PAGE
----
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This paper reviews cognitive theories of eating disorders as they are usually applied in treatment. More recent theoretical contributions and theory that is not widely applied are also reviewed. A set of hypotheses is derived from these theories and evidence for the validity of each hypothesis is discussed: this includes evidence from treatment studies, questionnaire studies and from experimental psychology. Following review of existing evidence, the paper summarizes the current status of cognitive theory in eating disorders. It then considers ways in which theory and research could be developed in order to improve and extend our understanding of cognitive content and processes in eating disorders. Limitations of existing models are highlighted and gaps in our knowledge, including knowledge of variables that typically have a central role in cognitive theory, are identified. Further strategies to test the validity of hypotheses derived from cognitive theory are suggested, together with strategies that might extend existing theory. It is concluded that much further research is needed, both to test the validity of existing theoretical contributions and to extend theory so that it will be more useful in clinical practice.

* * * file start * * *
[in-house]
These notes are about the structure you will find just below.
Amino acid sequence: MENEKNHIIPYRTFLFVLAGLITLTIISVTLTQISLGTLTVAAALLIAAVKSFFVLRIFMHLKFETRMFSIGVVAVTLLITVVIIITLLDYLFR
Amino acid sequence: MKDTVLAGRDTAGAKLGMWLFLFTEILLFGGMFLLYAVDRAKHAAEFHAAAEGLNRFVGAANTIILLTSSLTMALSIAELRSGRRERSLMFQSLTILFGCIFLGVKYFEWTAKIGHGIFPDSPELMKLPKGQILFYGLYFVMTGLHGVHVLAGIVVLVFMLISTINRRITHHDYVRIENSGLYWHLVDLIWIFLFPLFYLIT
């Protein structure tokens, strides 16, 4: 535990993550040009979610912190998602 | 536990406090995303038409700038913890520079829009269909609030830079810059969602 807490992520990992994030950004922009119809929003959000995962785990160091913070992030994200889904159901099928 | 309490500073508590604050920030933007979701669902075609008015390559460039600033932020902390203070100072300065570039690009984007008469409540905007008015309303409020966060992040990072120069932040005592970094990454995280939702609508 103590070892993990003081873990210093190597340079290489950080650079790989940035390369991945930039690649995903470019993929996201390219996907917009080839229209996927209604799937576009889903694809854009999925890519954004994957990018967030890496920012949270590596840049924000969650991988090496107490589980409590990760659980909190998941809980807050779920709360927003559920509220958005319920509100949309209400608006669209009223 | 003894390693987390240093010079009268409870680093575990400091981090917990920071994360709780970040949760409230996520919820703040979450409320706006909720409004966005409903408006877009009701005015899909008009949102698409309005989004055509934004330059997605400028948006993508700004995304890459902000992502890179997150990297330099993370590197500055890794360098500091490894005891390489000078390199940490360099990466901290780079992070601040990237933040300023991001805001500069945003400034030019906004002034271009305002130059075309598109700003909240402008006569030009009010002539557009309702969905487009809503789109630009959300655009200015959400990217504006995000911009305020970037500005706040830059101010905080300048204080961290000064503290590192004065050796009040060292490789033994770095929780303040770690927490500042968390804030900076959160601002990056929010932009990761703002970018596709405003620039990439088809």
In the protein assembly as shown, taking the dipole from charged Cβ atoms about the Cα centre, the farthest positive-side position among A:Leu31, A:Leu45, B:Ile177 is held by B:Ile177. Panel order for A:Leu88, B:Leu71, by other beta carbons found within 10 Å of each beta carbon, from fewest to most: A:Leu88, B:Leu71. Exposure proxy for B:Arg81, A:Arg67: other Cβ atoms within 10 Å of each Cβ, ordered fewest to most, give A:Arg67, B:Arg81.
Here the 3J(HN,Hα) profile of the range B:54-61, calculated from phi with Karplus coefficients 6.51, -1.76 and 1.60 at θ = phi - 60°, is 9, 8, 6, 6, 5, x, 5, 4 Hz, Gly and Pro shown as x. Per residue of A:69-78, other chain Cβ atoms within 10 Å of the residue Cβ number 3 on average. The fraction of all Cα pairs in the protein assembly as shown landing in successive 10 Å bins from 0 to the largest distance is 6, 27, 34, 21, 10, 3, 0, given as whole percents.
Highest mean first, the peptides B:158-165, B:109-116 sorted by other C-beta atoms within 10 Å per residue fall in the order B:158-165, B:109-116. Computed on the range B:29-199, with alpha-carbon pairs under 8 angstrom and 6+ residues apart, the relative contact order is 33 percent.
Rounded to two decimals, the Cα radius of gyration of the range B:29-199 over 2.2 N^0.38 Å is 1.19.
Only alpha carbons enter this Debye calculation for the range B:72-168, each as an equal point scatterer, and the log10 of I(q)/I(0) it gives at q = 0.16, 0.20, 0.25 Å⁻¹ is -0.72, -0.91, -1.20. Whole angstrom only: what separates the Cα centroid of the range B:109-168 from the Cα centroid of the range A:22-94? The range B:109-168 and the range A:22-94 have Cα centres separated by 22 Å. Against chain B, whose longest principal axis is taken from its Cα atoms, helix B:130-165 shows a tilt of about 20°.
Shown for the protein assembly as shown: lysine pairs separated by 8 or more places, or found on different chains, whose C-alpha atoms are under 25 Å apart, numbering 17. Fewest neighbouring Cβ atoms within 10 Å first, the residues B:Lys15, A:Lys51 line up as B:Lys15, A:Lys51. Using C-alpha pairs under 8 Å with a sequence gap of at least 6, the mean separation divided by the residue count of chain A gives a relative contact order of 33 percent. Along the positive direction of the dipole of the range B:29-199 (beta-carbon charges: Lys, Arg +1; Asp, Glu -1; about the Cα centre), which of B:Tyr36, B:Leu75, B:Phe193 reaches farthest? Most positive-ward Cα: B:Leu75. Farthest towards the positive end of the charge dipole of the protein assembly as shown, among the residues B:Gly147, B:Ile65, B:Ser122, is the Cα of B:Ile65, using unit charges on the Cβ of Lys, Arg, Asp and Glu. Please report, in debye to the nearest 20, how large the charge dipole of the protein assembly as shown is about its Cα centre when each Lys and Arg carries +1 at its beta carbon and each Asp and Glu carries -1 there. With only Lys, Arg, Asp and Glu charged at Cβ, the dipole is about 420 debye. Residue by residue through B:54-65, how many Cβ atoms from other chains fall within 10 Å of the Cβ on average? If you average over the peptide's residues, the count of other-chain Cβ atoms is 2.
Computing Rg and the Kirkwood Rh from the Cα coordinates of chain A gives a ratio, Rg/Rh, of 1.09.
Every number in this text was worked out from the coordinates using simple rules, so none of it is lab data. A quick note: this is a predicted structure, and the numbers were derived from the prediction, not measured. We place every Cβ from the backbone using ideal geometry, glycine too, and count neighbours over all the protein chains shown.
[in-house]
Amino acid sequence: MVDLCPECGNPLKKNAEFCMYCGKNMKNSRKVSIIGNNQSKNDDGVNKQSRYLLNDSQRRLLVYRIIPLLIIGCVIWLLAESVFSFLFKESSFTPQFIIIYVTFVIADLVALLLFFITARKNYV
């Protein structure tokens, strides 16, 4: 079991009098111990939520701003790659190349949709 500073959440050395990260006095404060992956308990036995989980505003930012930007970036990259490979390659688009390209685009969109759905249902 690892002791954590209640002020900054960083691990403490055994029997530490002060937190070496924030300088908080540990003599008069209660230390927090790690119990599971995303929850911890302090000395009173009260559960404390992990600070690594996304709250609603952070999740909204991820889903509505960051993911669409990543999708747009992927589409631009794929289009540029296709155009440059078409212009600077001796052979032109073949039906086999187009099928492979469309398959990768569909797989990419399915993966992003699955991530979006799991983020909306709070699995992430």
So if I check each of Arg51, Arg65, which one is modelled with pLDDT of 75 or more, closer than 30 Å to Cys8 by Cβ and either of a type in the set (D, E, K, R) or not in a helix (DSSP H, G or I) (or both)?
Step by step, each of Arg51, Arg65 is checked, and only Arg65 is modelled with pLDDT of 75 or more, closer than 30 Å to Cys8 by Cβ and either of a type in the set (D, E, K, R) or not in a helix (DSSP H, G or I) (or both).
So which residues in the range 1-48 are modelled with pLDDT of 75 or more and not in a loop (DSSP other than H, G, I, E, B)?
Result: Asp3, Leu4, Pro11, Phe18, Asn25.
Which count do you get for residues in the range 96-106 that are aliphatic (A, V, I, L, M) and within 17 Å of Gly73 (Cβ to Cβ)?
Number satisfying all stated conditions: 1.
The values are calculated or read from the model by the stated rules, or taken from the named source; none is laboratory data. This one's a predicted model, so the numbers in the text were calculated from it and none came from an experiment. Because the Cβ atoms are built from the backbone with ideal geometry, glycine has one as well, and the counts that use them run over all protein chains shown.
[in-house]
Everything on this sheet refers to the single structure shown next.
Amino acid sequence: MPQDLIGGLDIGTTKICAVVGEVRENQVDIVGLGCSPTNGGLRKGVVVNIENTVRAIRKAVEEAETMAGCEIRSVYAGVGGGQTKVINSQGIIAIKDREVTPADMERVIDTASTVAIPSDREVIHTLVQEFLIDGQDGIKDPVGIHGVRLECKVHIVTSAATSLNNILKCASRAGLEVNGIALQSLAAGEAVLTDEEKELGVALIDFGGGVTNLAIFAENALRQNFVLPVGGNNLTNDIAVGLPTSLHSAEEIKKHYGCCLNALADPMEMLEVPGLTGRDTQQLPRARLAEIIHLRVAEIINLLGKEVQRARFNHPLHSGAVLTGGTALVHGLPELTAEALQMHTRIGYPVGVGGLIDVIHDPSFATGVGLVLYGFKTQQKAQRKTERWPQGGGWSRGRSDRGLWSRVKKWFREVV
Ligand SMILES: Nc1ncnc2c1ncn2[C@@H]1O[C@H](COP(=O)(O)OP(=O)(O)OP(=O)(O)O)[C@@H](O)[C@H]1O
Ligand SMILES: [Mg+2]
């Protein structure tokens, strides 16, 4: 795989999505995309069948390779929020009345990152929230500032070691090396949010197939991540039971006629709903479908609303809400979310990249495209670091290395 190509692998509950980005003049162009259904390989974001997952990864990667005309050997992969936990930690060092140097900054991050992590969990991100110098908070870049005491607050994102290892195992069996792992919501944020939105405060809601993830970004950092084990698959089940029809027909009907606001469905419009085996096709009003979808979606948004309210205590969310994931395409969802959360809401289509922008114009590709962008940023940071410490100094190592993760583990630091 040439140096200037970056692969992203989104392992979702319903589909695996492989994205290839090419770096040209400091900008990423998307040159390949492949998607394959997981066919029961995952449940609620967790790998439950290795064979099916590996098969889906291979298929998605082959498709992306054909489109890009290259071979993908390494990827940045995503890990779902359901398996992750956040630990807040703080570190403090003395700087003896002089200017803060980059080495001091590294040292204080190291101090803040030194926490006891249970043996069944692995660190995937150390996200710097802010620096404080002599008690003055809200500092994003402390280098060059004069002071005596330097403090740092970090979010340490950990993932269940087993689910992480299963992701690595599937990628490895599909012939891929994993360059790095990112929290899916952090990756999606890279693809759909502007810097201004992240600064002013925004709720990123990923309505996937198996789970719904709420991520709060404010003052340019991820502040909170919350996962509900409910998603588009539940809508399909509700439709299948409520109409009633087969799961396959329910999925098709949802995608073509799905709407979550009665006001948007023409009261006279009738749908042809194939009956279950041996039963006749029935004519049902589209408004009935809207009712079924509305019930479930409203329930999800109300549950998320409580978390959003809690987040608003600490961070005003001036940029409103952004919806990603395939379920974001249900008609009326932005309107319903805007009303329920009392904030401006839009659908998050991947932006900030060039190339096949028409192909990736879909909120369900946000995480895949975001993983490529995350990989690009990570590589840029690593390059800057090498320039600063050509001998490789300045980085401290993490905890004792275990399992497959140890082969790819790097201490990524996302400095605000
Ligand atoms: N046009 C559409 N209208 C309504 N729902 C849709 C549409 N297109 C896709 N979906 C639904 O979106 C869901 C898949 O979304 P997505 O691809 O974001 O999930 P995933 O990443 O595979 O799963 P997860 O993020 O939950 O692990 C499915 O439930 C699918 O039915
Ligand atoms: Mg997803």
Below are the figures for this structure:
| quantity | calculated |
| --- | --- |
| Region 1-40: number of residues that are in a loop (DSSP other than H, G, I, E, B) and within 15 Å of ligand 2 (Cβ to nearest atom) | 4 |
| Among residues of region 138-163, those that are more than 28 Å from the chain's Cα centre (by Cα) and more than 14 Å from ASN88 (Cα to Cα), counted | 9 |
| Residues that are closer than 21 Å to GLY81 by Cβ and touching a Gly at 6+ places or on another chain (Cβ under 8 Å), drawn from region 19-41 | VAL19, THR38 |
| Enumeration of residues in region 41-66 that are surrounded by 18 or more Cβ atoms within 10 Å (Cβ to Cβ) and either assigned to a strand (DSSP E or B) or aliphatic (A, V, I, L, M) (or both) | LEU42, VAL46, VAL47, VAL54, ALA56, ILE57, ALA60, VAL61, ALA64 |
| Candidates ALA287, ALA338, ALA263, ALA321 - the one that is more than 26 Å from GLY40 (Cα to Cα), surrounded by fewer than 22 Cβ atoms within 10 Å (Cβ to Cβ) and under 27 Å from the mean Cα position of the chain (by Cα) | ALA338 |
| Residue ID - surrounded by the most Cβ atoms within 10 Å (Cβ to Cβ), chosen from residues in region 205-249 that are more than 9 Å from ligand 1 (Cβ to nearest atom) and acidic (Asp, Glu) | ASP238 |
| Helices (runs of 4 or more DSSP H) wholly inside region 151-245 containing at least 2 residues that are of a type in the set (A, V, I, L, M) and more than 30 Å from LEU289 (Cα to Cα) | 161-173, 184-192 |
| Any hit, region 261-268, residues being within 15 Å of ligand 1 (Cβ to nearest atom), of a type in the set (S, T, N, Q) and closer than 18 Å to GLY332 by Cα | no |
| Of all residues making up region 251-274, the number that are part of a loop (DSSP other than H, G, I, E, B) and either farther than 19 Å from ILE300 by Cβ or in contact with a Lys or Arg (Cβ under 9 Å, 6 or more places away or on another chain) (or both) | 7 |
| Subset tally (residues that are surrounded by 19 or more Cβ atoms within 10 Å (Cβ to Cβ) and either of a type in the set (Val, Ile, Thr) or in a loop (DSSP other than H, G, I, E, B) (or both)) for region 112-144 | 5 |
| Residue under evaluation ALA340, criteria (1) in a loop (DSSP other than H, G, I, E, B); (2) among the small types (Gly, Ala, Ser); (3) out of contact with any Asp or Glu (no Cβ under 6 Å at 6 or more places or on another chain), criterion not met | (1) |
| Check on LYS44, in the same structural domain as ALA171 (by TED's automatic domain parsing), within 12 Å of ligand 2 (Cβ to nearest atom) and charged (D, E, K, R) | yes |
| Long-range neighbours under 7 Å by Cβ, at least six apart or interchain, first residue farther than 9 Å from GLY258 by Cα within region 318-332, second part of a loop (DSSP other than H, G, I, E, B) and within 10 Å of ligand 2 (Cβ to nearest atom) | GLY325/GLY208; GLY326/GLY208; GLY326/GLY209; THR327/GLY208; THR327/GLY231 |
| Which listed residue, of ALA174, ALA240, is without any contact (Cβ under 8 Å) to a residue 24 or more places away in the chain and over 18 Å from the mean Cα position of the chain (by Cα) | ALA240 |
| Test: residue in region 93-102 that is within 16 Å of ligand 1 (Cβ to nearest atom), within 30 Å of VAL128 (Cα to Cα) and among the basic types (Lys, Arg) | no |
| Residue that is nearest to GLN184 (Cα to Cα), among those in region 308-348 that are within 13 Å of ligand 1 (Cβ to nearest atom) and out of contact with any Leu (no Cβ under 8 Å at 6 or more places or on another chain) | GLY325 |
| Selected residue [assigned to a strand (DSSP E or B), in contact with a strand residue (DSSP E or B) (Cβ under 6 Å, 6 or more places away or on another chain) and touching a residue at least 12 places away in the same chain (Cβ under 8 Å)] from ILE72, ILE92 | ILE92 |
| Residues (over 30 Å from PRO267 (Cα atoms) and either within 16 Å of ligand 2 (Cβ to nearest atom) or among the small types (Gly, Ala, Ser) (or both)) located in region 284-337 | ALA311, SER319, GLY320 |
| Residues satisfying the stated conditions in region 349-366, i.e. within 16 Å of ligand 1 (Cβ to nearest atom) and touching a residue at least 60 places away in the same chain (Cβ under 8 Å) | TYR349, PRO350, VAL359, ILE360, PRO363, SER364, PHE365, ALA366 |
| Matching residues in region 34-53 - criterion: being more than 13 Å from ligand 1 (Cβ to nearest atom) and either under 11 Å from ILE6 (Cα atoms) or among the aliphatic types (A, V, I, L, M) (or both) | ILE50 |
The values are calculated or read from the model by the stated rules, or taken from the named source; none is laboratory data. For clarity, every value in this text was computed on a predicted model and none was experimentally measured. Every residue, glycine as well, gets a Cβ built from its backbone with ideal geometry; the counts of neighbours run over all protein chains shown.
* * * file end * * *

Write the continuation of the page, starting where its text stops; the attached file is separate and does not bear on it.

Type

Journal article

Journal

Behavioural and Cognitive Psychotherapy

Publication Date

01/01/1997

Volume

25

Pages

113 - 145